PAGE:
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From the earlier question:

why are utmp, wtmp and btmp called as they are?

I would like to now what the 'tmp' part is. Is it 'temp/temporary'. As you can see from the earlier question, that part wasn't answered.

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tmp may be short for temporary (as in transient) since these files are, like log files, periodically rotated/truncated. The utmp and wtmp files also initially resided in /tmp when they were introduced in Version 3 AT&T Unix.

However, tmp could nowadays be read as an abbreviation of timestamp. tm is also a common abbreviation of time (see, e.g., the manual for the ctime() C function and the time.h header) and these files contain the timestamps for system events relating to users logging in.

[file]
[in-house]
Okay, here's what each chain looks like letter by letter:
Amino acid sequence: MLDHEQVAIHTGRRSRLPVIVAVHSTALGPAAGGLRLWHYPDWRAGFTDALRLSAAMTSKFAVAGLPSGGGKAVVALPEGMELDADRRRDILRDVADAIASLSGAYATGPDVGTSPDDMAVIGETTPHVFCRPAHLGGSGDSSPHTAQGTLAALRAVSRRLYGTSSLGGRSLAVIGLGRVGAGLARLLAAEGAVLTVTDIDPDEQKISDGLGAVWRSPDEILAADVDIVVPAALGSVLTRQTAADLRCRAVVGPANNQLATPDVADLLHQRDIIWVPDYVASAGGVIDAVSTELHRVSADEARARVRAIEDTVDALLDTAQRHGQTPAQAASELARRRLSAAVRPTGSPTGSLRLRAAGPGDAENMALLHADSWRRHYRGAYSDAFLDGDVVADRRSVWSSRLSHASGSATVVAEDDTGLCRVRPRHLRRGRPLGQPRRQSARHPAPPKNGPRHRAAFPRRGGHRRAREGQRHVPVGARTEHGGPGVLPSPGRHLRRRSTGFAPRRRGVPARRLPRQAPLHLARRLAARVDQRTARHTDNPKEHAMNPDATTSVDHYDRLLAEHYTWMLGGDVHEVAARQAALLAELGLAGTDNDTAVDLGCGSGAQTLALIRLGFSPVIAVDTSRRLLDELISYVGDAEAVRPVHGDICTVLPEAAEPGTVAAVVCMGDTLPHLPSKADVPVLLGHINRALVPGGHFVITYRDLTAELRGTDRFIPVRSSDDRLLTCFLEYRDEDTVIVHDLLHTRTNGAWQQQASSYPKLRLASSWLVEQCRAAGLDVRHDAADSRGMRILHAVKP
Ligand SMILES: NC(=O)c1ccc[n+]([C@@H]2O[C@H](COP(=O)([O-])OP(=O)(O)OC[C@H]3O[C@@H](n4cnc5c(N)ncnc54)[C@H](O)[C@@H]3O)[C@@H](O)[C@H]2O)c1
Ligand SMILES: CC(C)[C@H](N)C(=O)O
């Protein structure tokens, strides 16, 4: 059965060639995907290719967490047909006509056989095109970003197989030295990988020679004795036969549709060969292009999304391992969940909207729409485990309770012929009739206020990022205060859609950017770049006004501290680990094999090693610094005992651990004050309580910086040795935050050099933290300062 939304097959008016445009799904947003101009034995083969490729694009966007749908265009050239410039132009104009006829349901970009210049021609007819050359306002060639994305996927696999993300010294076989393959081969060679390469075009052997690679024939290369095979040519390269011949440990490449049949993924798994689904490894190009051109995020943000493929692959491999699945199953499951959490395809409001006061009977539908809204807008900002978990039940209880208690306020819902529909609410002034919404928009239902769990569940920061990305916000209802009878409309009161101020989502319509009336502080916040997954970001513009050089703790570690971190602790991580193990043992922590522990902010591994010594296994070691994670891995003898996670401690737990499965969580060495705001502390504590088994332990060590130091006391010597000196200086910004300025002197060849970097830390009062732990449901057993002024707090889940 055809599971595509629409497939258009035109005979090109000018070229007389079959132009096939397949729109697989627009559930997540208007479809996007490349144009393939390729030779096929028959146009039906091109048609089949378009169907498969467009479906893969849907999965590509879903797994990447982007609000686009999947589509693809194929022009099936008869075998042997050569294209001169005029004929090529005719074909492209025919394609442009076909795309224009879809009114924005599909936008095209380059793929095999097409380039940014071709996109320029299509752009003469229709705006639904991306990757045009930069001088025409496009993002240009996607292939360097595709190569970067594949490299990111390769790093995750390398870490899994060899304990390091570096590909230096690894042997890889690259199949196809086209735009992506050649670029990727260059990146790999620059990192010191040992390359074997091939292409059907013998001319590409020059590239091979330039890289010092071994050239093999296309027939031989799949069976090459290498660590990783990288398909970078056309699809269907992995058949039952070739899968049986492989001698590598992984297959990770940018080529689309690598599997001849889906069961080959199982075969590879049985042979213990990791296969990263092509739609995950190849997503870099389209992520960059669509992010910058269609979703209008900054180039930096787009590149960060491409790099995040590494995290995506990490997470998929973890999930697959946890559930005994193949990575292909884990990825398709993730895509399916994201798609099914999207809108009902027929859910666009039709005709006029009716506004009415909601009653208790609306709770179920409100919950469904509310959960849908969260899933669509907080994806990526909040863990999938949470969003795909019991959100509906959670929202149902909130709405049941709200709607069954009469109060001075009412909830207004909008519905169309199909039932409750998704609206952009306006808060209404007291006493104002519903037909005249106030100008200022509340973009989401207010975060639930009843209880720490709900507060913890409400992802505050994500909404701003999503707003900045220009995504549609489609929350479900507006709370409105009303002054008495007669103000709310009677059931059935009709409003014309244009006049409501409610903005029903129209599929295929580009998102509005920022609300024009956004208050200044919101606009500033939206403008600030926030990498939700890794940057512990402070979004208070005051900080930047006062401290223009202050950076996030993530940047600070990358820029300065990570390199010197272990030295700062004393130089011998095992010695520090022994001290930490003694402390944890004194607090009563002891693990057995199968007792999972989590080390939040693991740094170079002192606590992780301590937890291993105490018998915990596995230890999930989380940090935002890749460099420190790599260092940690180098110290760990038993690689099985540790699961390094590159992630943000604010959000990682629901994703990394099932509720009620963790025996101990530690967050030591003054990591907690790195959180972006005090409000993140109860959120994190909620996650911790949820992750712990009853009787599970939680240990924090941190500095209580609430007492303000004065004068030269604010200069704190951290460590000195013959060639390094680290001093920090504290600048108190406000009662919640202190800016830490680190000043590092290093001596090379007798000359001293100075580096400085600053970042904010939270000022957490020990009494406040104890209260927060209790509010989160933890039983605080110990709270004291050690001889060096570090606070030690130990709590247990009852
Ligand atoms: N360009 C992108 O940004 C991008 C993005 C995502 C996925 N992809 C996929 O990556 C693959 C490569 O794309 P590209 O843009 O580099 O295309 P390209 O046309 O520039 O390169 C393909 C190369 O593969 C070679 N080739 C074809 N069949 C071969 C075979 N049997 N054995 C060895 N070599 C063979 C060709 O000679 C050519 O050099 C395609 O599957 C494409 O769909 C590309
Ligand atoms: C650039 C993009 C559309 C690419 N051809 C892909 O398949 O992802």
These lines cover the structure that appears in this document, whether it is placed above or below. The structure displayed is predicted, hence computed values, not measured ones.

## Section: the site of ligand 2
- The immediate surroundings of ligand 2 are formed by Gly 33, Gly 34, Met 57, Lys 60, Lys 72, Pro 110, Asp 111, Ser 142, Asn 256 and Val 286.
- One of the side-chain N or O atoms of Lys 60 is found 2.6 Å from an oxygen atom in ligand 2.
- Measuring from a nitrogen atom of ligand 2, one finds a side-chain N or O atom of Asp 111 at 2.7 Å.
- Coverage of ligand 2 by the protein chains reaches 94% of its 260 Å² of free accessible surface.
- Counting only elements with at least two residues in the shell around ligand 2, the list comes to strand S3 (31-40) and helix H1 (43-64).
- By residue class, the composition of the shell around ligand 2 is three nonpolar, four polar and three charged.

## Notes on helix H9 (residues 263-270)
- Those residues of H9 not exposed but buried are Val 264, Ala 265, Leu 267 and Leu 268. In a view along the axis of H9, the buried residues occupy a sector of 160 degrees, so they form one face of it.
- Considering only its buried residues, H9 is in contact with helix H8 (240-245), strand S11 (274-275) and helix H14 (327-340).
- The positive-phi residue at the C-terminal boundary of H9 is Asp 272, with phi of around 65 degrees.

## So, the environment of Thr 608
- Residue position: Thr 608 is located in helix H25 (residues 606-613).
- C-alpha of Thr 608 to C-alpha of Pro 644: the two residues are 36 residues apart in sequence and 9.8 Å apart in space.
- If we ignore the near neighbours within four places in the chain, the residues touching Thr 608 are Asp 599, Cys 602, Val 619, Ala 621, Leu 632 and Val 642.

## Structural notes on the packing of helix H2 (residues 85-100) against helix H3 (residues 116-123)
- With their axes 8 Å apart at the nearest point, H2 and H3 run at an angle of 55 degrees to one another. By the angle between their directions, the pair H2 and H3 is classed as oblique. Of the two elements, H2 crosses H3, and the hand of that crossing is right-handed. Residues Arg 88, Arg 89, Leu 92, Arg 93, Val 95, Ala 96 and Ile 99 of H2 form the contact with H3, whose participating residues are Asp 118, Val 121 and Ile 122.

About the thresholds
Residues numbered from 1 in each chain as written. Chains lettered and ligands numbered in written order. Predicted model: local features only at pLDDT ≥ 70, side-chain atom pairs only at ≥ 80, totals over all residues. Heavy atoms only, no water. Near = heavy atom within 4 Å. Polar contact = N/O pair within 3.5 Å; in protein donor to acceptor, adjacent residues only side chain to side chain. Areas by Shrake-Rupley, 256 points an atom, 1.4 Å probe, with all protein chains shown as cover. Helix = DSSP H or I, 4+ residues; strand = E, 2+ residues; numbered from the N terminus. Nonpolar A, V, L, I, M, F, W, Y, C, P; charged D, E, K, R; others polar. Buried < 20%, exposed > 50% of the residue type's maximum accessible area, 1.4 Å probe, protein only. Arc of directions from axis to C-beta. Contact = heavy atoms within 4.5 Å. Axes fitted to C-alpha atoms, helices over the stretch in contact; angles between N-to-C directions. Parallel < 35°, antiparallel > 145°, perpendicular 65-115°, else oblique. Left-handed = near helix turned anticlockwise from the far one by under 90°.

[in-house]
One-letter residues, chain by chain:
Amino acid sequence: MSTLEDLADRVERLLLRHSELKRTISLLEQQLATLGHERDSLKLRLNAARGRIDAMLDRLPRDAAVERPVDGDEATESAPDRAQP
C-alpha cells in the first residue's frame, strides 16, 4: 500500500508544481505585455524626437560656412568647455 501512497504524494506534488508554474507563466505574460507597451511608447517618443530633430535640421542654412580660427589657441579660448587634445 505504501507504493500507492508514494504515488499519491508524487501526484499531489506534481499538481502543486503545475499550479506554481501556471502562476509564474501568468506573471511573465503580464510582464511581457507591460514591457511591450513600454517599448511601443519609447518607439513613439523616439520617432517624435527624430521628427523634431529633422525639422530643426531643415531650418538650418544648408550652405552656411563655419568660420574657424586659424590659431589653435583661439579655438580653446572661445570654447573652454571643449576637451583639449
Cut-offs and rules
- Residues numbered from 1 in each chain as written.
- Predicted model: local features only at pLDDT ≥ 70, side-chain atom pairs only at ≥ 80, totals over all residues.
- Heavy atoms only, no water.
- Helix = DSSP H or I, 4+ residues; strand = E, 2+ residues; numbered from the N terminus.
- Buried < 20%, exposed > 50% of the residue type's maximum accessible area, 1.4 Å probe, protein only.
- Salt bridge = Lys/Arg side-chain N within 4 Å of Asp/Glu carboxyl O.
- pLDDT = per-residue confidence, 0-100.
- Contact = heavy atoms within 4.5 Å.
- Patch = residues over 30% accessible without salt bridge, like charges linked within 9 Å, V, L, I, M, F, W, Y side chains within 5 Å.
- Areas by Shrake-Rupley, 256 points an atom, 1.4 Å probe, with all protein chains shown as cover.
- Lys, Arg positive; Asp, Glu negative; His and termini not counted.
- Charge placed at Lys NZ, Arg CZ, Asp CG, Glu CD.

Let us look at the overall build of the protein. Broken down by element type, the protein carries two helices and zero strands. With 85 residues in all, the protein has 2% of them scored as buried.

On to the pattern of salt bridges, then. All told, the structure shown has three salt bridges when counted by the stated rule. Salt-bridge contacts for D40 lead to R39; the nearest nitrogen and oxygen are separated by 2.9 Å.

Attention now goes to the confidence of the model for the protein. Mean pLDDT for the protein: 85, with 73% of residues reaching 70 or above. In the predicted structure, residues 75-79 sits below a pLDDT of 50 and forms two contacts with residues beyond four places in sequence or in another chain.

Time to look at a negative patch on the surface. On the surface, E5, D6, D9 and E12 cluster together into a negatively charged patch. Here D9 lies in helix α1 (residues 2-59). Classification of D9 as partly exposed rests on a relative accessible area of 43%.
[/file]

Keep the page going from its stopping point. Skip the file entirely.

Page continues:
• The u in utmp likely comes from user.
  • The b in btmp (on systems that has it) likely comes from bad (bad logins).
  • The w in wtmp may come from who (as in "who was logged in?"), but not from who or w (the utilities) as they use utmp and not wtmp.
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    I suspect this is incorrect. If you look at the actual C implementation of the utmp stuff, you'll see a lot of the struct members contain ut_..., indicating that the ut is the prefix, and separate from the mp part. man7.org/linux/man-pages/man5/utmp.5.html
    – phemmer
    May 30, 2017 at 12:40
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    @Patrick I know. The other explanation for the ut_ struct members is that ut is the first two characters of utmp, and nothing more than that.
    – Kusalananda
    May 30, 2017 at 12:45
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    To pick a nit: utmp existed in V1 already. See a.papnet.eu/UNIX/v1man/man5/utmp, datestamped November 1971. It did reside in /tmp, though later man pages locate it in /etc. Feb 2, 2020 at 1:56

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